In the early 1990s, through a quirk of licensing, the Dutch electronics company Philips ended up with the rights to make three games based on Nintendo’s Legend of Zelda series for its CD-i interactive CD-ROM format. The CD-i was not really a games machine, and Philips was not really a game developer. The results were, predictably, awful — one of several cautionary tales in Nintendo’s history that has contributed to the company being so fiercely protective of its IP.
Now the third of those games, 1994’s Zelda’s Adventure — commonly held to be the worst of the lot — has been remade by indie developer John Lay for the Game Boy, in the style of its contemporary, the massively superior Link’s Awakening. You can play Lay’s version in-browser on itch-io, or download a ROM to play in an emulator or on original Game Boy hardware.
If nothing else, it’s a little easier on the eye than the famously ugly original, which appeared to be cobbled together from smudgy clip-art and unintentionally hilarious full-motion video cutscenes. The first two CD-i Zelda games had been side-scrolling platformers in the style of Zelda 2: The Adventure of Link, and featured hand-drawn sprites and animated cutscenes, but Zelda’s Adventure — the second CD-i game to feature Princess Zelda herself as the playable protagonist — blended the series’ traditional top-down view with its own, quite horrifying aesthetic shift.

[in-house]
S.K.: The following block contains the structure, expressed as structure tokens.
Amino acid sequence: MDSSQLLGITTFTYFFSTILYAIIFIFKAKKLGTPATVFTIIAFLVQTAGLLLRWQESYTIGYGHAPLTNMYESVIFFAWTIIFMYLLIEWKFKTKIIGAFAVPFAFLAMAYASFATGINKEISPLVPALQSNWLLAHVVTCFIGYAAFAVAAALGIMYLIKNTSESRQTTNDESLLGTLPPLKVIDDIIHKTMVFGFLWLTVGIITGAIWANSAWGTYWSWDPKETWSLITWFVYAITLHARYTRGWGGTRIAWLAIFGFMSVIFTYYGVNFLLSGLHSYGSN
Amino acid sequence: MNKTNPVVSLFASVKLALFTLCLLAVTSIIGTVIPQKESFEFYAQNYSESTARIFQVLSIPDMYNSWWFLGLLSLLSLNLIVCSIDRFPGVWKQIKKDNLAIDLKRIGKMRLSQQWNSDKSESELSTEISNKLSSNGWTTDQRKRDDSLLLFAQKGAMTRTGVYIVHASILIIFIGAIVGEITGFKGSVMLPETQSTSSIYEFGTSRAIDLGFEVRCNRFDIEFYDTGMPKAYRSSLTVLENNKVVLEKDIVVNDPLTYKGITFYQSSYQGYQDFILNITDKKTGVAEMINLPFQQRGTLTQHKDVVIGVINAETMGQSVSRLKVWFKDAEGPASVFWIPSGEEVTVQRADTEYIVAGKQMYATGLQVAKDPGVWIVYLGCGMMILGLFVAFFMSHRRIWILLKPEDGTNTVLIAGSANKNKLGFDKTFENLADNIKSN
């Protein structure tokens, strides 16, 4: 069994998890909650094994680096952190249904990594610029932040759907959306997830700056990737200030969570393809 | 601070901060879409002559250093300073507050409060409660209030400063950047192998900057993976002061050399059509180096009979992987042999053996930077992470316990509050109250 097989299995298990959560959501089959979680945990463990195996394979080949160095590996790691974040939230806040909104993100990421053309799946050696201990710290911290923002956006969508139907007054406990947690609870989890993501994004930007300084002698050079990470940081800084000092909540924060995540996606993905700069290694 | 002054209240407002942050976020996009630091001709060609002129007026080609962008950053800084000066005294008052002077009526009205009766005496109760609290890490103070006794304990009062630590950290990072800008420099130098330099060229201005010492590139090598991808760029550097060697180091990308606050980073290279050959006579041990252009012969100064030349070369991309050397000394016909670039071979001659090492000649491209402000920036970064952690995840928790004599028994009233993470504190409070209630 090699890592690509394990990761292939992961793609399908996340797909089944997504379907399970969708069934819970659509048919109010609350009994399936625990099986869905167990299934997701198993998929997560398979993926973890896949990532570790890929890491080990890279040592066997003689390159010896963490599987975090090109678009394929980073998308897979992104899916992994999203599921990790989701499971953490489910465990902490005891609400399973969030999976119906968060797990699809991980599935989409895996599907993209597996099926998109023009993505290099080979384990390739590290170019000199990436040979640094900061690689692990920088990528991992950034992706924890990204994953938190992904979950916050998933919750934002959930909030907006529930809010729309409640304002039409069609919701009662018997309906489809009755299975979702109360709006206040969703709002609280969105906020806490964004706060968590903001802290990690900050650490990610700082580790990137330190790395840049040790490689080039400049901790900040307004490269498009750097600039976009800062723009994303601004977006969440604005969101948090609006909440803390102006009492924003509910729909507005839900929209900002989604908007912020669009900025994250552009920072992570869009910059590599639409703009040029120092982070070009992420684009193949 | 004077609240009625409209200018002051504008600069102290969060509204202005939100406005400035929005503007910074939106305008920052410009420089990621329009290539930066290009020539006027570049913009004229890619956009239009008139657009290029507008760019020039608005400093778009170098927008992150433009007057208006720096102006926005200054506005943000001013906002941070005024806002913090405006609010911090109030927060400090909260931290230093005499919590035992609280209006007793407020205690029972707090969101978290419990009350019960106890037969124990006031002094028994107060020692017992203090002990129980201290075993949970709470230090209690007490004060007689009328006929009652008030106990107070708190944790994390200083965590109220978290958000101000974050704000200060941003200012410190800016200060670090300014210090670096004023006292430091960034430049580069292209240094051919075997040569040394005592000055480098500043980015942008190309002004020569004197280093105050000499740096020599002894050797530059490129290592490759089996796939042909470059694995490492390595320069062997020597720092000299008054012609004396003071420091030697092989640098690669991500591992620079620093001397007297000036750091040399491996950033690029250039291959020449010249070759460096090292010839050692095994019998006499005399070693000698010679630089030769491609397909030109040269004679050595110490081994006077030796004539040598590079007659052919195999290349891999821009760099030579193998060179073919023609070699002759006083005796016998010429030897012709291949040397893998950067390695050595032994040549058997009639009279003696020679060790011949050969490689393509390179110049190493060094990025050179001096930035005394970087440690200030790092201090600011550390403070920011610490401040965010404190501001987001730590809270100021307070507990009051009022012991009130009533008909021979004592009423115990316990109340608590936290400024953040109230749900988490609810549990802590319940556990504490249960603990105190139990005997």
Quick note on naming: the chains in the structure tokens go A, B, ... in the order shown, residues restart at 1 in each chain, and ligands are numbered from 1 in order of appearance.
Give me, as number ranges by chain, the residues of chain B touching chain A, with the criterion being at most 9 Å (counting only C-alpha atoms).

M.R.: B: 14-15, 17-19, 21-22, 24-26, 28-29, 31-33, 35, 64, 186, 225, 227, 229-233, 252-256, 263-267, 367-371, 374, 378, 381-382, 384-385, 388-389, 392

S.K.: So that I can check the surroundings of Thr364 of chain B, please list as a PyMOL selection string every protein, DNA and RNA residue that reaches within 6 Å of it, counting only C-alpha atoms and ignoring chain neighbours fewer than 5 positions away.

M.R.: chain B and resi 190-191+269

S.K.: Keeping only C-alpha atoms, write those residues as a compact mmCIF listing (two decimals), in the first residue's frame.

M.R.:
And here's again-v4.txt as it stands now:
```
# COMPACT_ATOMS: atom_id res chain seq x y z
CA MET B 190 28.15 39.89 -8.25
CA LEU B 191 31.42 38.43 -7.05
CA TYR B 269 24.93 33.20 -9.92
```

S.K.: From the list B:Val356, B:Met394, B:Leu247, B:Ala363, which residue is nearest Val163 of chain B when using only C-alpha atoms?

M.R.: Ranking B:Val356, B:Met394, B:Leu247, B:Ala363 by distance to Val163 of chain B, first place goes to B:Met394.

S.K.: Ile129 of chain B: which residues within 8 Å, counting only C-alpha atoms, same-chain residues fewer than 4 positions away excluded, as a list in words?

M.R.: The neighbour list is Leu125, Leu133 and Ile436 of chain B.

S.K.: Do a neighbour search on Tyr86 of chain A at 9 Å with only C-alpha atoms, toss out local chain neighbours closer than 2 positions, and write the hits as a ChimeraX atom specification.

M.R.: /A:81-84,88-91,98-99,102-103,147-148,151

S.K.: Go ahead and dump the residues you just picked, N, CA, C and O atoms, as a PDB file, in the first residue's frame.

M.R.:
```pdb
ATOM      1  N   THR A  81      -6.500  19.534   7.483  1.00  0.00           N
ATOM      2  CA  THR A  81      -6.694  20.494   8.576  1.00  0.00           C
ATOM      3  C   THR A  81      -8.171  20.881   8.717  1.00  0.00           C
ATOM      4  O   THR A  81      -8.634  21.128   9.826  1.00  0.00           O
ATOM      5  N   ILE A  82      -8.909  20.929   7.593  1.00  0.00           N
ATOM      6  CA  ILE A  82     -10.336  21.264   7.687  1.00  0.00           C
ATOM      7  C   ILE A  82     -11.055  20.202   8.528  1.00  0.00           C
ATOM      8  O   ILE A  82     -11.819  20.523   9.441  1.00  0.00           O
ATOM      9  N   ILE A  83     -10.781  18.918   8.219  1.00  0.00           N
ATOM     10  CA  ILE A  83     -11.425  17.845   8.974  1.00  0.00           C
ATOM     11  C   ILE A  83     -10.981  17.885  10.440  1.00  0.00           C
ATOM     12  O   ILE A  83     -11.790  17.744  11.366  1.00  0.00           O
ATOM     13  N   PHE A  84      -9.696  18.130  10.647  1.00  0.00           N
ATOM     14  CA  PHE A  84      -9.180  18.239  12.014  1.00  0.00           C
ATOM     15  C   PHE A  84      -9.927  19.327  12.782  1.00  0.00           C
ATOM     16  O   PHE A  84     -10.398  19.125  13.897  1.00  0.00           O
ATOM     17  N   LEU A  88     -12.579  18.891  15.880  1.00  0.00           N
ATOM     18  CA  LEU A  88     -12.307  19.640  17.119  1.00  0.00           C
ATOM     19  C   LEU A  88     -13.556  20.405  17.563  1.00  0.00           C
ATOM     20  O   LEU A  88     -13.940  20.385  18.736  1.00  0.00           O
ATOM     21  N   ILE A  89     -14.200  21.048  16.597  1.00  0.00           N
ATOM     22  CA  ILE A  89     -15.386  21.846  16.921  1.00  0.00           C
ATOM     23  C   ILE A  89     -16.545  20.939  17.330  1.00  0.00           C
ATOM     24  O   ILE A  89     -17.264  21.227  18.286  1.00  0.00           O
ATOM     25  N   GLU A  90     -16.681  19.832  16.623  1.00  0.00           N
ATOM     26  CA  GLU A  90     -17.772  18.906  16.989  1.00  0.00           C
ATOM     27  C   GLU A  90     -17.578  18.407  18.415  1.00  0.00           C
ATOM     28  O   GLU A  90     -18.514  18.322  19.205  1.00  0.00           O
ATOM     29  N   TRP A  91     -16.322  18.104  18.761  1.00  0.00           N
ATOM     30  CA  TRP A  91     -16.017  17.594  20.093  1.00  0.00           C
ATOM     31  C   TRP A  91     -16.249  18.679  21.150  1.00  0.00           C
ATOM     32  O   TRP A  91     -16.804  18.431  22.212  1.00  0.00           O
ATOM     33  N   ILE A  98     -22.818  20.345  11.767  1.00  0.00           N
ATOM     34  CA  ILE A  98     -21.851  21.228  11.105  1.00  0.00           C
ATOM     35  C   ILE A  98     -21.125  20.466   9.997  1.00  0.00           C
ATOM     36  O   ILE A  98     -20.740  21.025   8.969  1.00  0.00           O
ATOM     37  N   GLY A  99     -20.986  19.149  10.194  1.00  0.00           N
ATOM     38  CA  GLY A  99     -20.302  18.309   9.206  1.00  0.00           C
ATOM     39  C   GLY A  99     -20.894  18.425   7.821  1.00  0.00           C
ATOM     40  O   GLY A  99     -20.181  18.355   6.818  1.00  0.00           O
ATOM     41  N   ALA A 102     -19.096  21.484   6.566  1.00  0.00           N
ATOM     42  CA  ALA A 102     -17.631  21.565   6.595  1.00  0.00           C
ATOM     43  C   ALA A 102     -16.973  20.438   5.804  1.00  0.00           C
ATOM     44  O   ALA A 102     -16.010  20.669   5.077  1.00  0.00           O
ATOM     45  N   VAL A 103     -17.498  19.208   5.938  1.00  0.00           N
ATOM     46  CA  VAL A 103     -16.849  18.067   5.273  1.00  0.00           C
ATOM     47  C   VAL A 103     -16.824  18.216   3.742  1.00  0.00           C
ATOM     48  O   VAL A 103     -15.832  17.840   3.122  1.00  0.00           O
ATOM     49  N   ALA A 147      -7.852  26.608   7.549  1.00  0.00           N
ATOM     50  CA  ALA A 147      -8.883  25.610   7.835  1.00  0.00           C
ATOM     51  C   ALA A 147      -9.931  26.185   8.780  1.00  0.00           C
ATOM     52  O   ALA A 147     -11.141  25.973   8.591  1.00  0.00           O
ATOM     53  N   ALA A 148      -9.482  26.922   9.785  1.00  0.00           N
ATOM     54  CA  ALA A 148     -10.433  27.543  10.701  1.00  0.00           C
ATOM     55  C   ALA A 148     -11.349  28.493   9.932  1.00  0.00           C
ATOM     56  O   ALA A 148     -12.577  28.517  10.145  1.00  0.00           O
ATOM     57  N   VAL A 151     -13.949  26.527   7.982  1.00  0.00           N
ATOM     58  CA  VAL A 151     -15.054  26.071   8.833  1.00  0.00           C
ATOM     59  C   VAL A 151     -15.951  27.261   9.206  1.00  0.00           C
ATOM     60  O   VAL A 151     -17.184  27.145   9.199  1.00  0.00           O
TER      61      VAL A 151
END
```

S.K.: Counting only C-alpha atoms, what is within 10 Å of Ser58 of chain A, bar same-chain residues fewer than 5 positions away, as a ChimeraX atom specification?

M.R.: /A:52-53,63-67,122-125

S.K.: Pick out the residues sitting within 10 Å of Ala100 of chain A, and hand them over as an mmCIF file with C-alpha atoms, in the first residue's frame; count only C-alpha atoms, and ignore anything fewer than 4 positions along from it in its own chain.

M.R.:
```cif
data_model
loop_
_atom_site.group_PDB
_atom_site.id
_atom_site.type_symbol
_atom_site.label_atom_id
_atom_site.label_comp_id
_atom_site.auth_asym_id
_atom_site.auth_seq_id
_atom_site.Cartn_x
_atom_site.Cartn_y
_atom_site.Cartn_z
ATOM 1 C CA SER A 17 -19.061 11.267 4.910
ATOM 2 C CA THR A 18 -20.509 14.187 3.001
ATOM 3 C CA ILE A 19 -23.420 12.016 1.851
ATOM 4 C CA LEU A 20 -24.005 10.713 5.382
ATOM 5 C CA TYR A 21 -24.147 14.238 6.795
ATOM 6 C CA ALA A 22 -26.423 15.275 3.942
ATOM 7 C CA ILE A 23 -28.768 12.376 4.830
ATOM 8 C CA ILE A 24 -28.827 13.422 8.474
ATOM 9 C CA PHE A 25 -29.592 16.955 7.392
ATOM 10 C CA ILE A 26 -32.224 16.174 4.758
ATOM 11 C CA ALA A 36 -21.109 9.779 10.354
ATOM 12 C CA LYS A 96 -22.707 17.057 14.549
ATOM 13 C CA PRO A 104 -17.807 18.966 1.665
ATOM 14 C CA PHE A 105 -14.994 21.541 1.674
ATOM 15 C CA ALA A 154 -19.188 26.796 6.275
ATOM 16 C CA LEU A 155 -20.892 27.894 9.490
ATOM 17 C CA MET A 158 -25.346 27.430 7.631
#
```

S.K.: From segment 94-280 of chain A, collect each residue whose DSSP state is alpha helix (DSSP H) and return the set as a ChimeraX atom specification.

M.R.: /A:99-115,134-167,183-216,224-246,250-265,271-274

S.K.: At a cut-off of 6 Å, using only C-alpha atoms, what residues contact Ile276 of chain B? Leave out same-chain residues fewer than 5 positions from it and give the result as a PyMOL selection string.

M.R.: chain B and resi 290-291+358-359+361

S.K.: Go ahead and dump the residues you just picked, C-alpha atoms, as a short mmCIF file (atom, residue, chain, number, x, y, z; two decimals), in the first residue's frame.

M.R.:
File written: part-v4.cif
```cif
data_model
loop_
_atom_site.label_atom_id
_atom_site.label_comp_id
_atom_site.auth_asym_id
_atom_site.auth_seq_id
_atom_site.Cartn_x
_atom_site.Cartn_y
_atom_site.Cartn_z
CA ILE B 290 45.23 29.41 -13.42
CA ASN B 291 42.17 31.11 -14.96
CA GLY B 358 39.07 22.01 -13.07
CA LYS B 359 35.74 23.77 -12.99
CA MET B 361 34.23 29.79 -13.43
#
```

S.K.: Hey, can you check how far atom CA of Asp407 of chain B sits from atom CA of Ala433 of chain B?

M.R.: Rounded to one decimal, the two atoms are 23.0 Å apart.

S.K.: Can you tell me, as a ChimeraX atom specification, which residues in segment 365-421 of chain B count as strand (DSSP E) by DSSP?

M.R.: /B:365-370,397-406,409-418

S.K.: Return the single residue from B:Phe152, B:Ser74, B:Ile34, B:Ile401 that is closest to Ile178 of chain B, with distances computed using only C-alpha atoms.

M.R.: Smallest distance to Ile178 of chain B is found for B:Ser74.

“The game sticks to the aesthetics of Link’s Awakening, but also incorporates some features from Oracle of Ages and Oracle of Seasons,” Lay writes in his description of the port, noting that he’d developed it in the GB Studio game creator.
Lay told Kotaku that Game Boy Zelda’s Adventure took him around 14 months to develop. Zelda’s Adventure isn’t anything more than a curious footnote in Zelda history — but if you’re looking for that playable-princess fix before Tears of the Kingdom either dashes or fulfils your dreams, it’s the perfect place to start.